Of 2947 children with acute lymphocytic leukemia (ALL), treated during three consecutive studies of the Pediatric Oncology Group (1974–1986), 52 (1.8%) had Down's Syndrome (DS). Comparison of clinical and laboratory characteristics showed no significant differences in leukocyte count, racial distribution, sex ratio, platelet count, incidence of mediastinal mass, lymphadenopathy or hepatosplenomegaly, or percentage of blood or bone marrow blasts for children with ALL with or without Down's Syndrome (DS‐ALL or NDS‐ALL, respectively). However, children with DS‐ALL were slightly older at the time of presentation and had higher hemoglobin values. The relative frequency of each major immunophenotype (early pre‐B, pre‐B, T, or B) was also comparable for patients with or without DS. For this report, treatment regimens were categorized as either conventional (no consolidation therapy) or intensive. Cox regression analysis revealed that the presence of DS, a higher leukocyte count, black race, or age older than 10 years was independently associated with a poorer event‐free survival (EFS) for children treated with conventional chemotherapy. However, for the cohort of children who received intensive chemotherapy, DS was no longer an independent risk factor. In fact, event‐free survival (EFS) was markedly improved to a level comparable with that observed in the children diagnosed as having NDS‐ALL. On the other hand, serious toxicity, requiring interruption of treatment, was significantly more frequent in the intensively treated children with DS compared with similarly treated patients with NDS‐ALL, although deaths resulting from toxicity occurred infrequently.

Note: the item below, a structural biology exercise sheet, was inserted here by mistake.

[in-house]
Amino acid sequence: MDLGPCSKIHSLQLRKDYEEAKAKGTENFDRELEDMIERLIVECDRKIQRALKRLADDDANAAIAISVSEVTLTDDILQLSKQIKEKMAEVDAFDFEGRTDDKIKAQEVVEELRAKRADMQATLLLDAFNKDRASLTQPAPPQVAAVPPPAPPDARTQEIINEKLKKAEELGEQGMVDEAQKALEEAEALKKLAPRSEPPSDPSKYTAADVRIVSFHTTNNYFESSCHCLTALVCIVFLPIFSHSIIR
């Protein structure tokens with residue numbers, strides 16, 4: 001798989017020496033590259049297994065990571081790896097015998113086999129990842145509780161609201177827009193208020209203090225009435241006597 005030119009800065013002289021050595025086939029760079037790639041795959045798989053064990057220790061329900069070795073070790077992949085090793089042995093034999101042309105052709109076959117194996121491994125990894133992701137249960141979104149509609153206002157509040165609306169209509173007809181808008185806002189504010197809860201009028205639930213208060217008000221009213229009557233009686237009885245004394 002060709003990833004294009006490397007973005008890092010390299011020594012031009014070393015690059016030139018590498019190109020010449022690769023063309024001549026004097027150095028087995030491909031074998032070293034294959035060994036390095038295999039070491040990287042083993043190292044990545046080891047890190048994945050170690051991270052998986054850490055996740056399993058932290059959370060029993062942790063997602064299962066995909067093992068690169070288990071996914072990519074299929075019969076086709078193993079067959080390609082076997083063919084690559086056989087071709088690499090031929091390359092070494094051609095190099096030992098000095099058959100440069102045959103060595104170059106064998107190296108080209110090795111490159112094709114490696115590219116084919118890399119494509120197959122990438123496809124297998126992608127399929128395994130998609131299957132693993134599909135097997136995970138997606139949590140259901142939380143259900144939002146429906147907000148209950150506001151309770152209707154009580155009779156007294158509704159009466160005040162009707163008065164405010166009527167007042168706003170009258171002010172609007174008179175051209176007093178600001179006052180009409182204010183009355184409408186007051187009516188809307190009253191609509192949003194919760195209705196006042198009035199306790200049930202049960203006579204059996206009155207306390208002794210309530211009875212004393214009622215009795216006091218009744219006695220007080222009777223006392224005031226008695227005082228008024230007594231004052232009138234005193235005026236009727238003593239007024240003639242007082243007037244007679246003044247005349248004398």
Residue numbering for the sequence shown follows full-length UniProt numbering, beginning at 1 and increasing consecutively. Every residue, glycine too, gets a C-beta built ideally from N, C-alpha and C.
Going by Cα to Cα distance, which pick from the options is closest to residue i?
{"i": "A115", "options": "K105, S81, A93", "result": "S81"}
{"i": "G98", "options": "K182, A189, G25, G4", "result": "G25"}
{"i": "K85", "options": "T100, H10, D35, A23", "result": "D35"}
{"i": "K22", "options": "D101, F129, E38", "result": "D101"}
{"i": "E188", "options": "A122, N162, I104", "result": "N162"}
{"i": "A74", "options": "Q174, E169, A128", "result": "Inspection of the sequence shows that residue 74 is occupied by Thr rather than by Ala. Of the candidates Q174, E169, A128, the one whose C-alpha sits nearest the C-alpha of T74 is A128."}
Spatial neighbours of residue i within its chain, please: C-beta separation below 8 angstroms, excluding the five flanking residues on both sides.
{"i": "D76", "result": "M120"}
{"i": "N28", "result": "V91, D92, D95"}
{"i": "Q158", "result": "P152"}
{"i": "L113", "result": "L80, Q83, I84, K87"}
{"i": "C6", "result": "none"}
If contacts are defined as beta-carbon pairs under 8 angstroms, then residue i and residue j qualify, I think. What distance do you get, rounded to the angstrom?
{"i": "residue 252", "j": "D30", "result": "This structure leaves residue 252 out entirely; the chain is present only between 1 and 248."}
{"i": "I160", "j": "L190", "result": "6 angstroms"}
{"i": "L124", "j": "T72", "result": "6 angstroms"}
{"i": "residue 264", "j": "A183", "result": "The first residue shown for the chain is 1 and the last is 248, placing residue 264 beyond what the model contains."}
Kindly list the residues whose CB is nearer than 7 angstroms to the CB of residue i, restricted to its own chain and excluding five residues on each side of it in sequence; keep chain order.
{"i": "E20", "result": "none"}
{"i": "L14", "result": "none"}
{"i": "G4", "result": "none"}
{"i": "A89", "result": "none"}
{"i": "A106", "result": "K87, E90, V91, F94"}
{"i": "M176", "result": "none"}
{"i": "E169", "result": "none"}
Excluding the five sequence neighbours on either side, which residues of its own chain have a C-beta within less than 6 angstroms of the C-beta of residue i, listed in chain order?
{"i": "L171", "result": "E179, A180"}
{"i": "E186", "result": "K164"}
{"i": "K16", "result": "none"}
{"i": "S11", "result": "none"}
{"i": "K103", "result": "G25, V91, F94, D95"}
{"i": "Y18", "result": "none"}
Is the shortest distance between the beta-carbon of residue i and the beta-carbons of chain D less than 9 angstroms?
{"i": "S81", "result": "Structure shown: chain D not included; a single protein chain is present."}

|Original language||English (US)|
|Number of pages||7|
|State||Published - Feb 15 1991|
ASJC Scopus subject areas
- Cancer Research